The Forms of Marketing
If you want proof that standards are marketing weapons look no further than the current dust up between JetForm and UWI.com.
Forms are valuable precisely because they're boring. They force humans to make textual information predictable so that the computers can do their automated thing with it. And that's also why XML is the perfect meta-standard for forms, since XML enables the documents humans write to be predictable enough for computers to deal with them.
Big JetForm and little UWI.com agree that the marriage between XML and forms is 100% natural (in the sense in which computer-based stuff can be said to be natural). After that, they don't agree on hardly nothin'.
UWI.com a year ago came forth with XFDL, an XML-based standard for expressing forms and submitted it to the W3C. A couple of weeks ago, JetForm (the market share leader in eforms -- by virtue of having bought its major competitor a while ago) came forth with XFA, an XML-based standard for expressing forms and submitted it to the W3C.
I spoke with I spoke with Eric Stevens, Chief Technical Evangelist at JetForm and with Eric Jordan, president of UWI.com, along with Jason Nadeau (senior systems engineer and an articulate techie).
JetForm was on the attack. Since they're late to market with a story about how they'll support XML, they need to tear down the perceived standard leader, XFDL. (Granted, I asked JetForm specifically how their standard differs from UWI.com's.) Eric Stevens of JetForm made the following case, quite convincingly:
XFA provides a finer structure for data. For example, the digital signature on an XFA form can be applied to the separate fields, as opposed to applying only to the entire form. So, when the recipient application gets the form, it can tell which fields are signed.
XFDL assumes (according to Eric) that all users want the same presentation of information; it's a "single-state" spec. XFA lets you include business rules that can hide or show elements based on circumstances. It can also be rendered on a wide variety of devices, so a form that works on your desktop could also work on your CE device.
The problem is that UWI.com denies every jot and tittle.
Eric Jordan, president of UWI.com, laughs ironically. (At least it sounded ironic to me. It's sometimes hard to tell irony from heartburn over the phone.) When UWI.com launched XFA, he says, the ability to extract data while preserving context was taken for granted, so they decided they would highlight XFDL's unique ability to preserve all of the document-based, presentation information about the form, as required in many legalistic environments.
Now, he says, they''re being criticized for not having the data extraction capabilities.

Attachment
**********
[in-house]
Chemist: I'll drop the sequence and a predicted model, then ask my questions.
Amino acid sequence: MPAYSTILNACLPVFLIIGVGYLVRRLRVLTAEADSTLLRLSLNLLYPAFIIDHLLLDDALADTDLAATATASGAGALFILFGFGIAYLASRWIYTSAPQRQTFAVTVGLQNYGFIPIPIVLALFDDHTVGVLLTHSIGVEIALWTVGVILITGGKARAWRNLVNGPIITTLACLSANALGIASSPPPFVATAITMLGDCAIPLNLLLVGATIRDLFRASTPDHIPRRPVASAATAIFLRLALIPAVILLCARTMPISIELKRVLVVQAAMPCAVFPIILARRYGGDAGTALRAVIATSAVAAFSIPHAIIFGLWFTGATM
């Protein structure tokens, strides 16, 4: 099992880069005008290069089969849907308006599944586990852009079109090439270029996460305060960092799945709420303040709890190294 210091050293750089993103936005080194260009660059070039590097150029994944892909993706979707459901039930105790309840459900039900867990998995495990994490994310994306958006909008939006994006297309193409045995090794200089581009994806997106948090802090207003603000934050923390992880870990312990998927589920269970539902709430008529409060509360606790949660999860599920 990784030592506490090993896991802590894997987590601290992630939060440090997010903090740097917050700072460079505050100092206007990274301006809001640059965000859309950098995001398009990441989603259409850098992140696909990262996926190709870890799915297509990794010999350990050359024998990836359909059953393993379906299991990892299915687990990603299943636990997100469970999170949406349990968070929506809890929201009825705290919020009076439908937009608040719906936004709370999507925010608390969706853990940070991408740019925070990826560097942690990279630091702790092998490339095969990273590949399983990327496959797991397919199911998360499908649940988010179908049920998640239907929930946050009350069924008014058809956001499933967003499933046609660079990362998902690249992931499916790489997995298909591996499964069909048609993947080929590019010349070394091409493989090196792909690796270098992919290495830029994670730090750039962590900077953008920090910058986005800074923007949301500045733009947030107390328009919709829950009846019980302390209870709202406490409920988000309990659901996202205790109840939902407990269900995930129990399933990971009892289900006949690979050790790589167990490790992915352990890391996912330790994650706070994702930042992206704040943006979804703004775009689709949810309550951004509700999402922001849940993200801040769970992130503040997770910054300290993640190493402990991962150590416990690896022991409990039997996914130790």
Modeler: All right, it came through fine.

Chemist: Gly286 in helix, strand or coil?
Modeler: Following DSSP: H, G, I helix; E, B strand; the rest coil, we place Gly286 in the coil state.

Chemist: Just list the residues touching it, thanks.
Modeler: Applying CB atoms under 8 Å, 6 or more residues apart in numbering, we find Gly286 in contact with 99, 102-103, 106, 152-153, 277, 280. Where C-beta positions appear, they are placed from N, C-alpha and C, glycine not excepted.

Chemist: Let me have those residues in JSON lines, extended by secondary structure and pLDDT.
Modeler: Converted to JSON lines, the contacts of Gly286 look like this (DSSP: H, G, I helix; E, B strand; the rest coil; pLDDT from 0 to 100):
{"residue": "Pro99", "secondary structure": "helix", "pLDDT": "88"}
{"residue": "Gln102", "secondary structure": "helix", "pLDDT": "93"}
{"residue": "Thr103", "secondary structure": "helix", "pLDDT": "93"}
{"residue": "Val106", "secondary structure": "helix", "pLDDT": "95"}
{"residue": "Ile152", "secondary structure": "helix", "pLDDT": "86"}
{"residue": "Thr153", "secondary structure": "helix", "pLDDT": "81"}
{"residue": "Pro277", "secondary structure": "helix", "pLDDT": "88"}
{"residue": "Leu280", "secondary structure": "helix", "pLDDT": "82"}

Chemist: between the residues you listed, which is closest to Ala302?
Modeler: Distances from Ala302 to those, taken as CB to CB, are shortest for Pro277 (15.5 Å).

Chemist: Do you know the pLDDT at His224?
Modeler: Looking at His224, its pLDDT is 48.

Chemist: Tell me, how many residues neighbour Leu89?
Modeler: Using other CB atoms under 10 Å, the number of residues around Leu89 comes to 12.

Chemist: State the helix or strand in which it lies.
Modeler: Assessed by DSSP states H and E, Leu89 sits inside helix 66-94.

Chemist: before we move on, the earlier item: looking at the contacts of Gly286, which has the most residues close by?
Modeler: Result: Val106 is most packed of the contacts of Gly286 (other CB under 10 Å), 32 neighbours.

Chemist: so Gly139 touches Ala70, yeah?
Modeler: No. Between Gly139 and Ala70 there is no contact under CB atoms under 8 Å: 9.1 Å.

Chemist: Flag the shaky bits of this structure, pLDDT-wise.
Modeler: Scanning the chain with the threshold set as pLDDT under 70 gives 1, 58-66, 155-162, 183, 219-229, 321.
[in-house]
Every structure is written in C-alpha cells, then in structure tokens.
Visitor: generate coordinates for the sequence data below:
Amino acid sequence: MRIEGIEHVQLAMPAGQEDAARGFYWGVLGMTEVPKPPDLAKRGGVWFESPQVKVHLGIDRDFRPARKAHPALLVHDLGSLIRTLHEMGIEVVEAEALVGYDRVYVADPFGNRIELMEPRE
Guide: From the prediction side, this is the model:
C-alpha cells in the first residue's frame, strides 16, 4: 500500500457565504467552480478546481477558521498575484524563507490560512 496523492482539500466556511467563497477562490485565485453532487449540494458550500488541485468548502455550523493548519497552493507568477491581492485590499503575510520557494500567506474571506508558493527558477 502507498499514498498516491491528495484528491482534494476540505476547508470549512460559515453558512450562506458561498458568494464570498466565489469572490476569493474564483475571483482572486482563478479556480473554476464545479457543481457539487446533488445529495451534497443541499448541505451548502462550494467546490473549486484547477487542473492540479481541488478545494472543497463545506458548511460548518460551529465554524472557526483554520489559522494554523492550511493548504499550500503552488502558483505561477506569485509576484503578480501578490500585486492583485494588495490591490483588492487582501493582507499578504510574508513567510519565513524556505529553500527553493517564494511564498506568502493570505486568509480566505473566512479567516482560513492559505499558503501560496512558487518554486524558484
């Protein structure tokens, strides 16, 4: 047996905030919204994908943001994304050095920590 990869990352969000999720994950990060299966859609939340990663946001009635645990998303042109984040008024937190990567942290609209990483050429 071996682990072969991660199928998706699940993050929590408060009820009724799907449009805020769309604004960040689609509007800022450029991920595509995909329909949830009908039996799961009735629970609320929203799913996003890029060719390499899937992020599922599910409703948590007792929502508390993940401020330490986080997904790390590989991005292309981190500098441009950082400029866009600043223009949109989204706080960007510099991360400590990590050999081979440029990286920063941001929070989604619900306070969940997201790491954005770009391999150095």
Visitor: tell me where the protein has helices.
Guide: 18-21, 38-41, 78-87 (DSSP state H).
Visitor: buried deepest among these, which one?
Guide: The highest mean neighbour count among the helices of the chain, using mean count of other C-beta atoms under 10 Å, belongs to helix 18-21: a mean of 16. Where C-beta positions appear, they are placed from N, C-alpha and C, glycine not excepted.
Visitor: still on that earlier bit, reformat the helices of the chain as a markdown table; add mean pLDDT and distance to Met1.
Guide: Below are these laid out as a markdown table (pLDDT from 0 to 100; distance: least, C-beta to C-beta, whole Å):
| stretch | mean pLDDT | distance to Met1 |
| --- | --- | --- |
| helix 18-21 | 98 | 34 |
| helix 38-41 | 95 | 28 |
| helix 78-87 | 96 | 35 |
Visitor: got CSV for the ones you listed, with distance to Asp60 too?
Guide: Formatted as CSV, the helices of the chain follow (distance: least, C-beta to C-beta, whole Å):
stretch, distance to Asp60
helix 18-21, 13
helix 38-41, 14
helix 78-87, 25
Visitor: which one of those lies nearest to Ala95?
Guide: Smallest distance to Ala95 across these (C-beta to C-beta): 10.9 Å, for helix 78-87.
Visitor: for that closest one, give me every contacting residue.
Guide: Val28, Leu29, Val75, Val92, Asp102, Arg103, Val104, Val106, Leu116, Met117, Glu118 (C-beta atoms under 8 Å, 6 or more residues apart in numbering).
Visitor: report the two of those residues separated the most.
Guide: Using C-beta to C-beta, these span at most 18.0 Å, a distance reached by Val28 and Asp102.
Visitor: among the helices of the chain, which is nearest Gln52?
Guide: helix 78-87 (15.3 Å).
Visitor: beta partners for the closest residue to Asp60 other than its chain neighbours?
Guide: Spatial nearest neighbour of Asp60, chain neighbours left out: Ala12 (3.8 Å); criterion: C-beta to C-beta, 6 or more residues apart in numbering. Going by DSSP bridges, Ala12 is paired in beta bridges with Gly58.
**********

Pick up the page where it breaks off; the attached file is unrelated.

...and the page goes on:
In particular, the boys of UWI.com say:
"XFDL can be parsed to as fine a level as XFA, and signatures can be attached to any set of fields."
"Individual elements can be extracted with any set of meta-data one wants."
"XFDL enables you include business rules so that, for example, if you click a "capital gains" box on a tax form, a new set of appropriate fields will appear."
Eric Jordan admits that XFA may be less device dependent than XFDL, although even that's not clear, but he emphasizes that XFDL's ability to preserve the document qualities of the form make it a superior format in many environments where that is a requirement.
So, if you need to advance your company's eforms strategy -- to decrease the pain of paper and to increase the integration of your supply chain -- what the !@#$% do you do?
First, you look at the partners who are lining up with each standard. UWI cites Entrust, CommerceOne, Action Technologies, Integrity, Optika, PenOps, VeriSign, GTE, MetaStorm and BlueStone. Jetform cites Entrust, PenOp, Silanis and VeriSign, and they include a juicy quote from Microsoft because XFA should play nicely in the Beast of Redmond's BizTalk environment. UWI.com counters by pointing to their close involvement with Commercenet's eCo framework specification.
Second, you look at the forms software themselves. The standard is just one piece of the strategy. For example, if you decide that one company's standard is more elegant but the other one's forms application software is more useful, then you will decide to go with the lesser of the standards. (Ah, now to make it more complex: Of course, if you go with one because of its software, but the market standardizes on the other's standard, you just screwed yourself.)
Third, and most important, if you can, you wait. You hope either the market will decide or the W3C will issue a spec that integrates the two.
Fourth, you work up a nice head of righteous indignation. Was the multiplication of standards done to help us, the users, or because it made marketing sense? Could JetForm have worked with UWI.com to extend XFDL to meet its needs? Could UWI.com announce that their software will be happy to work with whatever standard rulz?
Sure, but that's not how the standards game is played.